Joseph E. Mbaiwa is a senior research fellow in Tourism Studies at the Harry Oppenheimer Okavango Research Centre, University of Botswana. His research focus is on tourism [Page xiii]development, rural livelihoods, and conservation in the Okavango Delta, Botswana. He has so far coauthored a book on tourism and the environment in the Okavango Delta, published over 20 journal articles, 10 book chapters and several conference papers on tourism development, livelihoods, and conservation in the Okavango Delta.
Robert Mugerauer, Professor and Dean Emeritus in the College of Architecture and Urban Planning, University of Washington, specializes in applying contemporary theory to the built environment. He is author of Interpretations on Behalf of Place, Environmental Interpretations (State University of New York Press, 1994), and, with David Seamon, coeditor of Dwelling, Place, and Environment (Springer, 1985). Recent essays on tourism include “The Tensed Embrace of Tourism and Traditional Environments: Exclusionary Practices in Cancun, Cuba, and South Florida,” and with Monika Kaup, “Reconfiguring the Caribbean's Sense of Place: From Fixed Identity to Fluid Hybridity.” Currently he is working on bio-technio-power in medical tourism.
Sanjay K. Nepal is an associate professor in the Department of Recreation, Park and Tourism Sciences at Texas A&M University, USA. He has a PhD in Geography from the University of Berne, Switzerland and a master's degree in regional and rural development planning. His research interests are on participatory conservation in developing countries, tourism and ecotourism impacts in remote locations, and in general aspects of tourism and change in mountainous regions. He has conducted fieldwork in Nepal, Thailand, Canada, and most recently in China, the majority of research locations are near or within national parks and protected areas.
Aylin Orbaşlı, PhD, trained as an architect and specializes in the conservation and management of historic buildings and places. She works as an independent consultant advising on heritage protection and management in the context of tourism development internationally. She is also a senior lecturer in the Department of Architecture at Oxford Brookes University and the author of two books, Tourists in Historic Towns: urban conservation and visitor management (Spon, 2000) and Architectural Conservation (Blackwell, 2008).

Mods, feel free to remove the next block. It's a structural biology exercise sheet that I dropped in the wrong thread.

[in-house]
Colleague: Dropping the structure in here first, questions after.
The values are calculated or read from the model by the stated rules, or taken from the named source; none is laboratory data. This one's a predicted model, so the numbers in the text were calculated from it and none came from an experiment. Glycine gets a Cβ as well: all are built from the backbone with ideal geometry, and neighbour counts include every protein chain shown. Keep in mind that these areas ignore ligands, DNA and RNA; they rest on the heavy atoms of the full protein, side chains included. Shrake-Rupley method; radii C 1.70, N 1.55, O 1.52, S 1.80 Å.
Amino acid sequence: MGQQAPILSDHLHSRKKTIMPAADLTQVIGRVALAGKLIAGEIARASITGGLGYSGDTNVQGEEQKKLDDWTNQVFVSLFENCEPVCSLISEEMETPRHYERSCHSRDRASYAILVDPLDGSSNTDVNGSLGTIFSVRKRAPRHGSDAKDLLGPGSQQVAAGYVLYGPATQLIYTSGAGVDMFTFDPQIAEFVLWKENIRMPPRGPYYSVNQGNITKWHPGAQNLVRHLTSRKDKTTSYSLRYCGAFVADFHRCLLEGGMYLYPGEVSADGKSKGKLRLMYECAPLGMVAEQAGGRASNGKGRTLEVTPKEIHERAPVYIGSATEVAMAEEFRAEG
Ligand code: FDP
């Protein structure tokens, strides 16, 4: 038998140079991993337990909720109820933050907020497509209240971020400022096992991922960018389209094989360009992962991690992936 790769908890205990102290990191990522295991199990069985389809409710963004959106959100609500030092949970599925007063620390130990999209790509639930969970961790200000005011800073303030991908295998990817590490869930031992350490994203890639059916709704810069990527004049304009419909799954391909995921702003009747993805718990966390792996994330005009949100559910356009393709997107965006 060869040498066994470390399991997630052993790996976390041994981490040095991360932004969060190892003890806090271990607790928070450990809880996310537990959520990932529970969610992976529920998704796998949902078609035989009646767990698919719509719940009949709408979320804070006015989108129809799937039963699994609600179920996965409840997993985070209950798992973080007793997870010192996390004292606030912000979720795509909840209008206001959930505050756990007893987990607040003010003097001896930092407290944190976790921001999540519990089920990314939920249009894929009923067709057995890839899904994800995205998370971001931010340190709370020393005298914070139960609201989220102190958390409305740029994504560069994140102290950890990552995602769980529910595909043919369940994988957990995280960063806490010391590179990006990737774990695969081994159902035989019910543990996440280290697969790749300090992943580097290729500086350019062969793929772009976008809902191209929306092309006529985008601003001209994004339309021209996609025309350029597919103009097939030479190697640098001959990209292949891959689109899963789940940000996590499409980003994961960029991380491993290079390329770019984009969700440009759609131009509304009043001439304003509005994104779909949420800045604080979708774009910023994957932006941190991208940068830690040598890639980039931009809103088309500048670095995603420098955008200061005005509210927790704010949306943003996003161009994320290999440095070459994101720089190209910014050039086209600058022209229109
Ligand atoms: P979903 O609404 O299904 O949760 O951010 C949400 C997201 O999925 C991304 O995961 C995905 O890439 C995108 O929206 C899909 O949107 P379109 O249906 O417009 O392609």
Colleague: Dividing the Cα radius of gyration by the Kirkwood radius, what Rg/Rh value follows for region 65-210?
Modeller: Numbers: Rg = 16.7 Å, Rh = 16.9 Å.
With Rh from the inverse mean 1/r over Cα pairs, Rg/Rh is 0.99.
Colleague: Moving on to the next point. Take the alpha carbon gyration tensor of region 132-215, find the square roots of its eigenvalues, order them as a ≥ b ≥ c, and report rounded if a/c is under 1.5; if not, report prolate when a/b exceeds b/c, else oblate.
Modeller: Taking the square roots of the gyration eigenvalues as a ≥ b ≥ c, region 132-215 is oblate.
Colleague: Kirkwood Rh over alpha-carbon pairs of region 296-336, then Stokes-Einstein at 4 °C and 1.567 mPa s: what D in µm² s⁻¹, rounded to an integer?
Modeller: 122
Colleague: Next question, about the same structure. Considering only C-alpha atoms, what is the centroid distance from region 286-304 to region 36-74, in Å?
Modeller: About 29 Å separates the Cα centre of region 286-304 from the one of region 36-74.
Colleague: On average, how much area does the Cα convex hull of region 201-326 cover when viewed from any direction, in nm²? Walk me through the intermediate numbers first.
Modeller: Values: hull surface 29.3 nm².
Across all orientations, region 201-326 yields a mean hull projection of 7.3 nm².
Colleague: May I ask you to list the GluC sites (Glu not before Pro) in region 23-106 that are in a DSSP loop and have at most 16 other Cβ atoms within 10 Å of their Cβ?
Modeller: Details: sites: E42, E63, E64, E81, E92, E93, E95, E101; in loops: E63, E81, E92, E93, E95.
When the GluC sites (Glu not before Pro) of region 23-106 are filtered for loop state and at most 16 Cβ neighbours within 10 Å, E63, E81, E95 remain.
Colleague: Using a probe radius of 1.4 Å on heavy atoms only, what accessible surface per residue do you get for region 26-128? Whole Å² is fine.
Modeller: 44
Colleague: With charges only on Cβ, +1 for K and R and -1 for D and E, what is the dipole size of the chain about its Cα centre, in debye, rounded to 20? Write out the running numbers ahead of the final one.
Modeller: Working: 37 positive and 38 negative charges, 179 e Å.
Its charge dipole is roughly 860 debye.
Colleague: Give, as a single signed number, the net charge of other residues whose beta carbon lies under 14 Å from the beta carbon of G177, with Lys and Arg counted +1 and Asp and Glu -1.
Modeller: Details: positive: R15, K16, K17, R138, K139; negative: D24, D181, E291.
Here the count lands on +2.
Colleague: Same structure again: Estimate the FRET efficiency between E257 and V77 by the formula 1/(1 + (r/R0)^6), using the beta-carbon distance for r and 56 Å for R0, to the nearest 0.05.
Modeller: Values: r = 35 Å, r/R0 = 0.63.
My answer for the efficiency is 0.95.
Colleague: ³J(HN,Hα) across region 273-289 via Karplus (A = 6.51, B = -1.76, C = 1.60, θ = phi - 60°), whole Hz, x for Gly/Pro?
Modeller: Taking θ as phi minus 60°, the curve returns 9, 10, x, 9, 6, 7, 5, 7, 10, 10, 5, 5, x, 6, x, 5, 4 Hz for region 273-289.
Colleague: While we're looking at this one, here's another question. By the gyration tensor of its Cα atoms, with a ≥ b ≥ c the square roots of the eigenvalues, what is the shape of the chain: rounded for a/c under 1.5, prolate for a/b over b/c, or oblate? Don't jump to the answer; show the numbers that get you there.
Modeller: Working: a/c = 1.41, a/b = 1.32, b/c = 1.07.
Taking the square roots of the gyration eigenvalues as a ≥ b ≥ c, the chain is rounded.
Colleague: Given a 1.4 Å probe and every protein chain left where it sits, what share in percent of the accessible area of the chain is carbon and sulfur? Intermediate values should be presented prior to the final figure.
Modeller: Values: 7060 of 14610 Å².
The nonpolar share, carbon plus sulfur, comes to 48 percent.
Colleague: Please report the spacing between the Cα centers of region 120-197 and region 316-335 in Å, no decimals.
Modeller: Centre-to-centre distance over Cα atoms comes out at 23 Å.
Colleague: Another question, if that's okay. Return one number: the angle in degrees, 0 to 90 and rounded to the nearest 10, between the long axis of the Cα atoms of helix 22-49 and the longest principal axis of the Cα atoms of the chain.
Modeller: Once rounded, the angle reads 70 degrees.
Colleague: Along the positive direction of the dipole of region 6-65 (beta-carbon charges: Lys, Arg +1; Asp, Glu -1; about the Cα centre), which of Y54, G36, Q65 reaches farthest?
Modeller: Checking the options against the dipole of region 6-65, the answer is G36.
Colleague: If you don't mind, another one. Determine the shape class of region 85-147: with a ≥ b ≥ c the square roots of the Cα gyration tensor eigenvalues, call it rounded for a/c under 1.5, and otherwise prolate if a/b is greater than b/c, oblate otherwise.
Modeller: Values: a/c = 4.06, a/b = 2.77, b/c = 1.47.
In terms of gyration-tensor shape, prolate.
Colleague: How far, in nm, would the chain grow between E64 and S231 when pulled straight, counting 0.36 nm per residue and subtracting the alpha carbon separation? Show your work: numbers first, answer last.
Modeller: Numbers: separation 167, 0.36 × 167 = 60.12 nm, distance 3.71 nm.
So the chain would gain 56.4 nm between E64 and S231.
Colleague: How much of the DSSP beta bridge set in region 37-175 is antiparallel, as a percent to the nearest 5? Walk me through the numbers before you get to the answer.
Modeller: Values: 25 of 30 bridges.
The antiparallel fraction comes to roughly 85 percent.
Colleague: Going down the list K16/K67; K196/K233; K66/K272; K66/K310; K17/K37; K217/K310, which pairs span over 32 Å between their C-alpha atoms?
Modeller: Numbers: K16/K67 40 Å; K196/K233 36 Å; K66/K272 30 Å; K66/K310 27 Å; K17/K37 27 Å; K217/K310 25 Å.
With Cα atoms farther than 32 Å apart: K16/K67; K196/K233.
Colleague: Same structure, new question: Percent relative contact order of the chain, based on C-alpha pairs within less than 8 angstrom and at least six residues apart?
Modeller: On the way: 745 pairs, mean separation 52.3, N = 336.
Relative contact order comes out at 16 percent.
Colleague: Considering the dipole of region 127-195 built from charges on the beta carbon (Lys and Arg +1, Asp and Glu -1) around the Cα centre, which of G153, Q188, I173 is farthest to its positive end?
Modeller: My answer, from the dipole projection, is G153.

Stephen Page is the Scottish Enterprise Professor of Tourism at the University of Stirling, UK. He has worked in the UK, New Zealand, Australia, Ireland, and France and has written, edited or contributed to 20 leading books on tourism. He has worked with many private sector and public sector agencies on tourism consultancy in terms of tourism and leisure strategies, feasibility studies, problem-solving, including projects such as the Channel Tunnel and Auckland's Sky Tower in New Zealand. He is also an editor of Tourism Management and is a regular contributor to industry conferences and meetings as a speaker.
Michael Pearlman is a senior lecturer in the School of Hospitality, Tourism and Marketing at Victoria University, Australia. He is also a research associate with the Centre for Tourism and Services Research. The main focus of his research is the planning, development, and management of regional tourism. He is a member of the Executive Committee of the Network of Asia-Pacific Education and Training Institutes in Tourism (APETIT) with responsibility for fostering research and development activities.
William C. Peeper retired as President of the Orland/Orange County Convention & Visitors Bureau with over 35 years of service in the convention bureau business. He was the founding executive director of the not-for-profit Orlando/Orange County Convention and Visitors Bureau, Inc. in 1984. He oversaw the growth of the bureau's sales and marketing staff from two to its current 170 level with offices in five countries and convention sales offices in four US cities. Peeper has received numerous awards and is one of two inaugural inductees into the University of Central Florida's Rosen School of Hospitality Management's Hall of Fame.
[Page xiv]Alison Phipps is Professor of Languages and Intercultural Studies at the University of Glasgow, UK, where she is Associate Dean in the Faculty of Education, and teaches modern languages, comparative literature, anthropology, and intercultural studies. Her books include Modern Languages: Learning and Teaching in an Intercultural Field (Sage Publications Ltd, 2004) with Mike Gonzalez, Critical Pedagogy: Political Approaches to Languages and Intercultural Communication (Multilingual Matters Ltd, 2004) with Manuela Guilherme, Tourism and Intercultural Exchange Channel View Publications, 2005 with Gavin Jack, and Learning the Arts of Linguistic Survival: Tourism, Languaging, Life Channel View Publications, 2007. She coedits the journals Tourism and Cultural Change, Arts and Humanities in Higher Education, and the book series Languages, Intercultural Communication and Education.
Jess Ponting is an assistant professor in sustainable tourism at San Diego State University, USA, recently relocated from the University of the South Pacific. He has consulted for both the private and public sector in Australia, Papua New Guinea, Indonesia and Fiji. Jess' research has empirically focused on various aspects of surfing tourism while theoretically helping to advance understanding of decommodified tourism practice and research; socially constructed tourist spaces; relationships between the media and tourism practice; humanistic psychology as it relates to the tourist experience; and the reorientation of surfing tourism in less developed countries to a sustainable trajectory.